So their risk of defaulting on debt is low, but Inn’s net debt is higher than its equity, which meaner that most of their capital is provided by loans, for which they don’t have the liquid assets to repay them. This earns that for CALM and Old it is reasonable to assume that their beta of debt is zero, while for INS it is not. B) Assuming the debt beta for all three firms is 0. 1, the asset betas is calculated according to the equation: џd*D/(E+D). With the results established under question 2, the asset betas become: Baa(long)=O. 22, џa(ASSAM)=1. 3, Equity beta = unleavened beta + (DIE) * (unleavened beta – beta of debt) When the debt to value ratio increases, (DIE) will be higher and the equity beta increases as well, which is explained by the bigger proportion of debt that causes a higher risk. So the new equity beta becomes: 0. 44+0. *(0. 44-01)=0. 61. Asset beta does not change when there is an increase in the debt to value ratio, because the asset beta only measures the rockiness to assets Witt respect to the market and is not changed by a different distribution of debt and equity (I. E. , a change in the capital structure).

Question 5 To determine the risk-free rate on December 31, 2010 by considering a maturity of 10 years, a benchmark is needed, for which the probability that the issuer defaults on his payments is zero. In reality, the assets that approximate this condition are government bonds, or more specifically, AAA-rated government bonds. On this date, and still in 2012, Dutch treasury bonds fulfill this requirement. The yield on December 31, 2010 was: 3. 154%. This data is taken from: http://www. Bloomberg. Com/ Question 6 The Market risk premium is assumed to be 4%.

The equity beta’s correspond to the ones calculated under question 1 . Ri=Ref+ џ(Arm-Ref): 54+1. 973*4=11. 046% Question 7 The Weighted average cost of capital (WAC) is determined by: Re*E/(E+ND)+ Rd*ND/ (E+ND)*(1-Etc). Where Re and Rd represent the return on equity and debt respectively, and Etc is the corporate tax rate. In this calculation, however, taxes are ignored, so the equation becomes: Re*E/(E+ND)+ Rd*ND/(E+ND). The return on equity for all firm’s correspond to the calculations under question 6, and the return on debt is calculated below: -; -; 4. 1% These calculations were done using the formula: WAC= Re*E/(E+D)+ Rd*D/(E *D). When taxes are not in consideration, the WAC corresponds to the return using the asset beta: Ra=Ref+ џa(Arm-Ref). With pa representing the unleavened return. The solutions are identical, with deviations resulting from rounding errors: Ra(Old)=3. 1 % Note: These calculations, however, depend crucially on assumption that opposites at INS earn interest, so the amount deposited is part of the interest- bearing liabilities. In reality however, little interest is earned on sight deposits, so the calculations may not be entirely accurate.

When deposits are not included , using the same tools as above, the equity beta equals 0. 42, and the asset beta equals 0. 496. The corresponding unleavened return is 3. 1 54+0. 22*4=5. 2, which is significantly higher than the result calculated above. Question 8 The WAC in the case where there are no taxes is independent to the relative proportions of debt and equity, because in a perfect capital marker, the total value of firm is equal to the market value of the cash flows generated by its assets, and the capital structure does not affect these.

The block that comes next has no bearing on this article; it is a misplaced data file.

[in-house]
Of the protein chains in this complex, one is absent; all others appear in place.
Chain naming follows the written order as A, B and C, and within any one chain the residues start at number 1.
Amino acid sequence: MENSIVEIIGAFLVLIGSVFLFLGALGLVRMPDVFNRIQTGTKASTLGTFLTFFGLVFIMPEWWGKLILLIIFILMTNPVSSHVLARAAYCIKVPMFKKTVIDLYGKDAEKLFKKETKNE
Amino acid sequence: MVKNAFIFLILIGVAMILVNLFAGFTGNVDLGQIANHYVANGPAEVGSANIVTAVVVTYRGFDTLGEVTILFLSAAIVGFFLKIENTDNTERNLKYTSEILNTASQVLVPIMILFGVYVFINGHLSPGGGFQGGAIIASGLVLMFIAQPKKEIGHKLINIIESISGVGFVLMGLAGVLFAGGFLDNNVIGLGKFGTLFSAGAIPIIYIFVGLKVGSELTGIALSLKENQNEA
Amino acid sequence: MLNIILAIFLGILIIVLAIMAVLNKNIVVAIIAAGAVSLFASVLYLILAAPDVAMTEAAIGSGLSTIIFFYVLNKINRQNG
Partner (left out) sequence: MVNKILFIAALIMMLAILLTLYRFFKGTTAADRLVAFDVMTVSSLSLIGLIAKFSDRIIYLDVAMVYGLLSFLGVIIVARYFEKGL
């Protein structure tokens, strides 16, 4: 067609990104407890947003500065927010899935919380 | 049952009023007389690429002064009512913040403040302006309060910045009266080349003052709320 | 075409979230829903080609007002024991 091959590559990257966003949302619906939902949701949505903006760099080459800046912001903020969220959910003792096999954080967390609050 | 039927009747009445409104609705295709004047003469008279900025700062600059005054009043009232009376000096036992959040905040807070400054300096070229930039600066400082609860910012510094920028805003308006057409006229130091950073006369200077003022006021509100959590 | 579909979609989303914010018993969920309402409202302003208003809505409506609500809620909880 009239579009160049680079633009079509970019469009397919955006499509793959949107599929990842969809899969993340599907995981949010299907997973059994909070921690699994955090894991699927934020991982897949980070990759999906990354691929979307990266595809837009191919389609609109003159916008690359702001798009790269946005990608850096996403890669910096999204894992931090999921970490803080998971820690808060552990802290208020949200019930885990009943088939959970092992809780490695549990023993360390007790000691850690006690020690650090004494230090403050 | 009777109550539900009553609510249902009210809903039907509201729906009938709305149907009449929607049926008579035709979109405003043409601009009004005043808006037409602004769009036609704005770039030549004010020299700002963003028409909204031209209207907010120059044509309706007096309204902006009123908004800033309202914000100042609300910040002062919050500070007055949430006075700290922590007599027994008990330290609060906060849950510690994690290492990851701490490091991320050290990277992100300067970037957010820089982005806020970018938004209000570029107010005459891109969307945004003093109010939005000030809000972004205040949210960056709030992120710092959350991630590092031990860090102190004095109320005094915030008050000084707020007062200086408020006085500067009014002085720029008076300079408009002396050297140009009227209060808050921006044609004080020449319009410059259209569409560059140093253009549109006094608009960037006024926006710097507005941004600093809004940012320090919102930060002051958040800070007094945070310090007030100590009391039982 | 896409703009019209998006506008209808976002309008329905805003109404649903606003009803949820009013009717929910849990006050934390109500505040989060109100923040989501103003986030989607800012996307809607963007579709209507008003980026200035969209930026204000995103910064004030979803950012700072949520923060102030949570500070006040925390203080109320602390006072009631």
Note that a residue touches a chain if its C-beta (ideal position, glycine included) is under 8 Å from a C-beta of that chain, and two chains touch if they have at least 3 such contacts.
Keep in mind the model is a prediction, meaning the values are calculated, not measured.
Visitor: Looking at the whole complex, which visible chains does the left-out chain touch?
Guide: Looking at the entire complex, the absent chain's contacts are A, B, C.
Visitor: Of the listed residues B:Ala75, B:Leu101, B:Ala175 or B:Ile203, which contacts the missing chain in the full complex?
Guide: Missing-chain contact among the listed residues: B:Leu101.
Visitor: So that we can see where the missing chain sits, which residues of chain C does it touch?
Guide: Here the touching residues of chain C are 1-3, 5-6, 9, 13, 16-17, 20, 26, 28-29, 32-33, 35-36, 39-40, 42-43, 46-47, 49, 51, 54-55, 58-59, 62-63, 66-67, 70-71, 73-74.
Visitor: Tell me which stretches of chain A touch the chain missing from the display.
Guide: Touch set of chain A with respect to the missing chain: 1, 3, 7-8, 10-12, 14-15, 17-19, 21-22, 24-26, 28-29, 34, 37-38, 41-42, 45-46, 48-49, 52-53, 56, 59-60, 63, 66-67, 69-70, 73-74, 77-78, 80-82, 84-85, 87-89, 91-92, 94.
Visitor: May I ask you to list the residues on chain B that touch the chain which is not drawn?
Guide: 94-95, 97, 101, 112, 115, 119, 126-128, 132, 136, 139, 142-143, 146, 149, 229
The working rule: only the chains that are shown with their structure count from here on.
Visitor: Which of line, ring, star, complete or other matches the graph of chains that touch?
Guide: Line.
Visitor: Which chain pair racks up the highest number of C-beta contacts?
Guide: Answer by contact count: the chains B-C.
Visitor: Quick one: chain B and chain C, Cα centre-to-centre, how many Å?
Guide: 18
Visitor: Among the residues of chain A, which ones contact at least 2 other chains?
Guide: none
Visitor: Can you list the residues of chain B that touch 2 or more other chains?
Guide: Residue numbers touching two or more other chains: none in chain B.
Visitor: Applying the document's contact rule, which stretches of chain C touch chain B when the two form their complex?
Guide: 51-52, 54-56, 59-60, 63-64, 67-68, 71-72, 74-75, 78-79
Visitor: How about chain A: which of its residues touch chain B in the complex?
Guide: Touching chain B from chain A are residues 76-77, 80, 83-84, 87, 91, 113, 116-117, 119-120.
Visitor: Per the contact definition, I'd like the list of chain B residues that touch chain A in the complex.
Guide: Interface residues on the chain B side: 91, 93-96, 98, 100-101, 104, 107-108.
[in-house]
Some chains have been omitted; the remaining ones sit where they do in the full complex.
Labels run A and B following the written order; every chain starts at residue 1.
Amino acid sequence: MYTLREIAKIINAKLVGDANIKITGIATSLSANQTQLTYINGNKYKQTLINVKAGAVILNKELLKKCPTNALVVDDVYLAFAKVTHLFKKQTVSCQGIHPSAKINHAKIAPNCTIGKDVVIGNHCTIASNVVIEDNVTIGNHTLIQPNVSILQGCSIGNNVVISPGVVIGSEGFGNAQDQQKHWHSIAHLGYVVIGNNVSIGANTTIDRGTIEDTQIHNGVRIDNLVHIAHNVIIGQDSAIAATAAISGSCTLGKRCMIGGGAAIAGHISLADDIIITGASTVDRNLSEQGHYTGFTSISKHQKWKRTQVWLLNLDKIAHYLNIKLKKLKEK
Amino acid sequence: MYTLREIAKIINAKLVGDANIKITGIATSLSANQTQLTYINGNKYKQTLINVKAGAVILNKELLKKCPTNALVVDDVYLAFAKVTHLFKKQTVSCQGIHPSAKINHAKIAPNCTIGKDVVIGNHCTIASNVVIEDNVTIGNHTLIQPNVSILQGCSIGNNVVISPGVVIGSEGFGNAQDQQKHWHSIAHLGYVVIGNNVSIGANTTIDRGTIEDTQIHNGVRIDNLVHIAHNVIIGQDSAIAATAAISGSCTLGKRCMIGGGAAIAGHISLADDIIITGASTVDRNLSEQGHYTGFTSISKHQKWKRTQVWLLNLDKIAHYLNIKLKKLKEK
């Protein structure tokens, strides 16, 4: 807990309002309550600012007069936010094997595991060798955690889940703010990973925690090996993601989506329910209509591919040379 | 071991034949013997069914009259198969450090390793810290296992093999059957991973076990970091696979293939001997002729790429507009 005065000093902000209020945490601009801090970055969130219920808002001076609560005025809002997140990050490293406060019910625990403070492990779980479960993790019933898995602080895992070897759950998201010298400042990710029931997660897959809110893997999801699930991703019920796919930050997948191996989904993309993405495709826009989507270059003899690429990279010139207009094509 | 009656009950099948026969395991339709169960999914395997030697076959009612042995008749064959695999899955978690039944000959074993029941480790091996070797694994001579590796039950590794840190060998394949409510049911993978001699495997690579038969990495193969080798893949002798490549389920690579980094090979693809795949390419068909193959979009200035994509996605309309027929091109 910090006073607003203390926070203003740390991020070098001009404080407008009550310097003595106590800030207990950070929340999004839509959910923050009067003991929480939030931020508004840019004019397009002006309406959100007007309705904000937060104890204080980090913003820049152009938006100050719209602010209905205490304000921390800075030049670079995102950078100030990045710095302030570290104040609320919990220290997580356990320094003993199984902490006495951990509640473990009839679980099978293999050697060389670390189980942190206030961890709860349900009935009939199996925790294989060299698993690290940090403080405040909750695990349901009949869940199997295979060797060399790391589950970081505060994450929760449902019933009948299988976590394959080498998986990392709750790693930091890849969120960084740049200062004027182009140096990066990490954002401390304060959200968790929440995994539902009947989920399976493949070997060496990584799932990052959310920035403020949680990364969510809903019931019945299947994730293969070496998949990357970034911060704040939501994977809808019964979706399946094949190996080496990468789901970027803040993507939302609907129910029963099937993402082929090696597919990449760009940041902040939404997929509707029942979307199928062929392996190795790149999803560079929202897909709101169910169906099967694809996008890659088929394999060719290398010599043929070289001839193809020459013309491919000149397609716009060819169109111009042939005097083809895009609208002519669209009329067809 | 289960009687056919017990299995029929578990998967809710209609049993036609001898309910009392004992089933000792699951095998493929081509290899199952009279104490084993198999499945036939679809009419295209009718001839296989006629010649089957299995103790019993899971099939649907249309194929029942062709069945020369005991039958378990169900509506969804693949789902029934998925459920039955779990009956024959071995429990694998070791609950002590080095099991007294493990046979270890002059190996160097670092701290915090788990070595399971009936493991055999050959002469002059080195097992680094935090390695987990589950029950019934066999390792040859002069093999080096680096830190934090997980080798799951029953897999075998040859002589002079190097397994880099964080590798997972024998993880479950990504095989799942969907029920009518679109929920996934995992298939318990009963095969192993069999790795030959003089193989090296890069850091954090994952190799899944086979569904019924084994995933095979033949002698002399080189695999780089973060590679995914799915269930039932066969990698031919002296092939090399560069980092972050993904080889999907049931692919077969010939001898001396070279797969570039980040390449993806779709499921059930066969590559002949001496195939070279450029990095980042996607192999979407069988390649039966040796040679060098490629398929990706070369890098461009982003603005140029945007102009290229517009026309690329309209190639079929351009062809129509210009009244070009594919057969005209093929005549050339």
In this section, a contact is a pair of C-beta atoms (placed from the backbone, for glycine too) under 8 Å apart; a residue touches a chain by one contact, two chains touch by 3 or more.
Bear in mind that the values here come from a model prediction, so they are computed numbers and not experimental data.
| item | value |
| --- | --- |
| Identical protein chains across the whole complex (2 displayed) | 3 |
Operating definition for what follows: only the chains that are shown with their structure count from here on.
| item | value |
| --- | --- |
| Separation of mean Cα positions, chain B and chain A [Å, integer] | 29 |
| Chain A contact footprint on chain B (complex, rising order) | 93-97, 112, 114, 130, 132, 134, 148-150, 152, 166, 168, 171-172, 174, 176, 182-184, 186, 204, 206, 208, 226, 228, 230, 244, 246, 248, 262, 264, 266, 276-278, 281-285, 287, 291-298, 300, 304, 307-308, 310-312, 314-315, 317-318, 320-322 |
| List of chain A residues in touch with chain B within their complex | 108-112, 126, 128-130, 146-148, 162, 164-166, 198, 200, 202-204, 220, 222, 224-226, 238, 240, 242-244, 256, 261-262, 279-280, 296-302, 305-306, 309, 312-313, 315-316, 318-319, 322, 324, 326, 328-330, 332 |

Formally, no taxes are only one underlying assumption of perfect capital markets, but when perfect capital markets are assumed, the law of one price dictates that because total cash flows paid to all security holders of a firm, are equal to the cash flows generated by the assets, the securities and assets will have the same market value. As long as the capital structure does not influence the cash flows generated by the firm’s assets, the market value of the firm will not be affected. In reality, corporations pay taxes.

The amount of interest they pay on debt reduces their earnings, so reduces the corporate taxes they have to pay. In fact, tax deductibility of interest payments, as opposed to dividend payments in the case of common stock, is the most important incentive for firms to use debt as a form of financing. The important disadvantage of using debt to raise funds is that it increases risk. Interest payments cannot be postponed, so can create a significant amount of fixed costs. When times are bad, firms could run into problems as we have seen in the financial crisis for instance.

Just a small reduction in the value of a banks assets could leave it insolvent, this would not be the cause would their equity as a percentage of total assets have been greater, creating a cushion to fall back on. C) After taxes come into consideration, perfect capital market are no longer assumed and the WAC differs from the unleavened return. The WAC = Re*E/(E+ND)+ Rd*ND/(E+ND)*(1-Etc). The return on equity and debt, as well as the equity and net debt are based on the computations in previous questions. With a corporate tax rate of 40%, the calculations are as follows: 1 1. 24% 5. 12%